If these literary and cultural works attempt to resist advertising culture, what kind of resistance do they propose? They tend to suggest alternative discourses as more truthful or authentic. Wells uses science; Morley and Orwell high literature; and Atwood ludic non-sense. Across eras, Ross finds that success is elusive: advertising’s corrosive discourse tends to win out. What, then, might successful resistance look like? Would we know it when we saw it? How can resistance be generated and maintained in the face of the amorphous and amoral practices of advertising—or of a nationalism that employs the strategies of commercial promotion to position national identity?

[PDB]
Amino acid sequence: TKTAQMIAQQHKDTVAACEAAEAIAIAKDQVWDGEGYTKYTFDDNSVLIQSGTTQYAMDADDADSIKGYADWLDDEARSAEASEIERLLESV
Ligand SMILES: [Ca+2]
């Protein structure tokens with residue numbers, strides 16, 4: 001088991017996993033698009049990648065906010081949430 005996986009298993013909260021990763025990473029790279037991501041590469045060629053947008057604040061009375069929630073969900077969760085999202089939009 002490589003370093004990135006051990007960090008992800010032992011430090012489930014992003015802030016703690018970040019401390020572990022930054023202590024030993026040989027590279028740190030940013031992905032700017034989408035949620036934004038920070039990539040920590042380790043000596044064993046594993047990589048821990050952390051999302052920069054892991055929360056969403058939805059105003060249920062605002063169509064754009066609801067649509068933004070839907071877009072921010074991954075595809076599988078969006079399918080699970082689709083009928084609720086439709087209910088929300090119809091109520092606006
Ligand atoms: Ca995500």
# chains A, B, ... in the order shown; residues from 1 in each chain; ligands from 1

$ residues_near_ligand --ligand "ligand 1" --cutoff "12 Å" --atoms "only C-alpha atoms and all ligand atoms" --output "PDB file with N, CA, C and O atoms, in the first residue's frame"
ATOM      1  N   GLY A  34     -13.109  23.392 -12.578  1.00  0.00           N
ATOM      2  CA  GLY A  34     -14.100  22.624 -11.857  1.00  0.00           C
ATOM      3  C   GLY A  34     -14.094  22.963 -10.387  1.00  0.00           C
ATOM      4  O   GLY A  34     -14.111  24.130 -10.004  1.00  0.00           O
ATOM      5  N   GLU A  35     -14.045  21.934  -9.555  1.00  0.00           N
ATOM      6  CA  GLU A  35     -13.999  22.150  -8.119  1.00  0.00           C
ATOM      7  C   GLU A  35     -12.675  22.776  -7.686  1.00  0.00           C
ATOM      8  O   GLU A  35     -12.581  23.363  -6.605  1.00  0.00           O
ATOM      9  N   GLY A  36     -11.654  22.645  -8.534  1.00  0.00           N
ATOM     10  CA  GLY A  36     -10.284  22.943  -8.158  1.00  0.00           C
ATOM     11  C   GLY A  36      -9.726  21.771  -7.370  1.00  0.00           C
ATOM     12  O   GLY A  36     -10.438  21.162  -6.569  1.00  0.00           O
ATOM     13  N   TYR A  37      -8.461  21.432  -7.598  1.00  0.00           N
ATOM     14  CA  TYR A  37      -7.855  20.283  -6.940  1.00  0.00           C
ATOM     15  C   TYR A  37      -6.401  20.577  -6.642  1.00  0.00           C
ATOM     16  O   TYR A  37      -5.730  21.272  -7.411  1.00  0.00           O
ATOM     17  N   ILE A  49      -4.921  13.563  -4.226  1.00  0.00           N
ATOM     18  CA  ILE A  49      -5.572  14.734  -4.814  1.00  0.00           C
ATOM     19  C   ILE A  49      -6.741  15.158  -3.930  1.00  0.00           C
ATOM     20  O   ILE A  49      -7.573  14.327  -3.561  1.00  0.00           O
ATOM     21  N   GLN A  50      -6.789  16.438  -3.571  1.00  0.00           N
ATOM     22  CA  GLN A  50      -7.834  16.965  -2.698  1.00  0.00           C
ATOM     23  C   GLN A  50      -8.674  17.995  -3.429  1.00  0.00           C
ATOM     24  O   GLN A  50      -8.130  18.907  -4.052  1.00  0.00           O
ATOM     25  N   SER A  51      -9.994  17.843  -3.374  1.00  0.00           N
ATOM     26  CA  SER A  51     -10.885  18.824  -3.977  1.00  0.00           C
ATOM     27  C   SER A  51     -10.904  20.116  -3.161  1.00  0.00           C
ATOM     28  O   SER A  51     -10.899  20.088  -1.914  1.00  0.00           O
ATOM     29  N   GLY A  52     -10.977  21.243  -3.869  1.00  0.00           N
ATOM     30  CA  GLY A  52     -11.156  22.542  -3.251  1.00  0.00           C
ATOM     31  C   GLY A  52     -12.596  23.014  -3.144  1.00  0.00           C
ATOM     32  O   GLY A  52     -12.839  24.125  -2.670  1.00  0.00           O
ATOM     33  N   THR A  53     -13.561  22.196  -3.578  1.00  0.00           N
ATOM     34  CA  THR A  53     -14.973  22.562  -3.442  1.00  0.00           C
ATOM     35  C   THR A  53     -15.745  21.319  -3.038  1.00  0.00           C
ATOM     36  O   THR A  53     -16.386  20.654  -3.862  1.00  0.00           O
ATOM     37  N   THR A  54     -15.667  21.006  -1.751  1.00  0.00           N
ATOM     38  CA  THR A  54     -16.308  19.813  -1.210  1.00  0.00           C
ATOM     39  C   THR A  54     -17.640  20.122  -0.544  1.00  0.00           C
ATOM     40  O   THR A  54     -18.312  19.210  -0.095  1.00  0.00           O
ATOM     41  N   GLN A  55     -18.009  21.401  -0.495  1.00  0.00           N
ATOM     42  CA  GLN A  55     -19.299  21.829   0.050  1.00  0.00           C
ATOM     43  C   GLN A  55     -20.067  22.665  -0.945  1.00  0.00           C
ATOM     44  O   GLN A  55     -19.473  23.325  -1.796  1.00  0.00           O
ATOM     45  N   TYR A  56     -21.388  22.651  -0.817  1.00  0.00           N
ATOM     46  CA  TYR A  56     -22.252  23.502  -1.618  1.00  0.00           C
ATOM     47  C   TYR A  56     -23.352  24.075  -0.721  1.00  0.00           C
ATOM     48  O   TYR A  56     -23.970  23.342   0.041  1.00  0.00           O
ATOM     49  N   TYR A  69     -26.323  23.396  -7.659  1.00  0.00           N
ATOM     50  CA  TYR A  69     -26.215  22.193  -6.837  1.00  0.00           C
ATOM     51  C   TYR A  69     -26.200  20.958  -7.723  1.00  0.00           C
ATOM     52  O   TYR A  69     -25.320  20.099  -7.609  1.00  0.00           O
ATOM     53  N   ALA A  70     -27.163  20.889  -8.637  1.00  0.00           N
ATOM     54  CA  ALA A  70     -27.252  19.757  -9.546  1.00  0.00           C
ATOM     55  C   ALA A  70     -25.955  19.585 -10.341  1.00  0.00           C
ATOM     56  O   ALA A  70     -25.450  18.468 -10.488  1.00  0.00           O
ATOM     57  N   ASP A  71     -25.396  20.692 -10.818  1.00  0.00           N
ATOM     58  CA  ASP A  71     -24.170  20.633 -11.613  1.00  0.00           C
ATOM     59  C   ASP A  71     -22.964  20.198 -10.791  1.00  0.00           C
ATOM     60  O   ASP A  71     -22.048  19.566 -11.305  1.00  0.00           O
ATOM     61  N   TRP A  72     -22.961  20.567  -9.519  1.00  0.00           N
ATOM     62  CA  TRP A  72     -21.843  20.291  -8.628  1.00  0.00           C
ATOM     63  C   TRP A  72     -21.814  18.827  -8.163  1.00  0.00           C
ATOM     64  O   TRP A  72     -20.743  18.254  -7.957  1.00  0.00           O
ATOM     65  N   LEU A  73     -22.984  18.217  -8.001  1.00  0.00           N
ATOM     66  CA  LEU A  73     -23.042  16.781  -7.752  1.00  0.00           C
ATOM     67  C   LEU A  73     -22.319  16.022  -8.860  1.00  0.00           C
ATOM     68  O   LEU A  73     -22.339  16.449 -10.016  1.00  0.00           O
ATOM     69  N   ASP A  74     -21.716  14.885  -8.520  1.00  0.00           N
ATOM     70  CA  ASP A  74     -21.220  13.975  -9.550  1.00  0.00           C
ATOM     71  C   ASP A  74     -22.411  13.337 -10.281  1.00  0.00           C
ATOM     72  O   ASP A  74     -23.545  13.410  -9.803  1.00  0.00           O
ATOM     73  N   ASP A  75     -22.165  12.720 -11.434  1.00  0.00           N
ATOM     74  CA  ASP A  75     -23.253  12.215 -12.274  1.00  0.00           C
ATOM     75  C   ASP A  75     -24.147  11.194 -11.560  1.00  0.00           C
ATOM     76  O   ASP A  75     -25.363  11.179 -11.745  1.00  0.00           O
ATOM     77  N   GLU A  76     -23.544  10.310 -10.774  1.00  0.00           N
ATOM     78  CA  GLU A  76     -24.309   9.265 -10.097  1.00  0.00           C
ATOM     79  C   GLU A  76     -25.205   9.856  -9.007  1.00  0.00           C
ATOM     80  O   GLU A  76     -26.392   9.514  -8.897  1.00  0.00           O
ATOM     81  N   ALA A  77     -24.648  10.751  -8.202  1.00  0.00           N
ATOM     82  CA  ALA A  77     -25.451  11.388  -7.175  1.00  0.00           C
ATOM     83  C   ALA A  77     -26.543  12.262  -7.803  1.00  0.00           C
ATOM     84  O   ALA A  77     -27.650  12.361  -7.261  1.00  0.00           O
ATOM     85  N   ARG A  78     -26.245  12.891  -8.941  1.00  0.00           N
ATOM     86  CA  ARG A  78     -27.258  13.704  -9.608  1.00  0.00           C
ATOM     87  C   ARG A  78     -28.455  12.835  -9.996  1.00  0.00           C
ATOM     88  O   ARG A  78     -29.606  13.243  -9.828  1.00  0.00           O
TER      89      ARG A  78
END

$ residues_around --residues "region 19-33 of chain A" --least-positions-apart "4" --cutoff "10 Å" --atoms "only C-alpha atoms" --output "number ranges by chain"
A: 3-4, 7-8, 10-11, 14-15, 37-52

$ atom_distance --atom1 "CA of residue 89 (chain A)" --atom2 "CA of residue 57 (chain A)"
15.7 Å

Disrupting Queer Inclusion: Canadian Homonationalisms and the Politics of Belonging is part of UBC Press’ Sexuality Studies Series, which “focuses on original, provocative, scholarly research examining . . . the complexity of human sexual practice, identity, community, and desire.” The essays in Disrupting Queer Inclusion probe queer belonging and citizenship in Canada. Dryden and Lenon have curated a group of searching takes on Jasbir K. Puar’s conceptual frame of homonationalism, which names the invention of a “good queer (Canadian) citizen” whose acceptance, even celebration, is used to support the claim that Canada is a queer-positive nation. This collection explores the dangerous deployments of such a claim: to obscure the tolerant country’s foundation in colonial violence; to impart the symbolic entitlement to interfere politically or militarily with states deemed less enlightened; and to justify internal policies of exclusion based on less valorized categories like religion and ethnicity.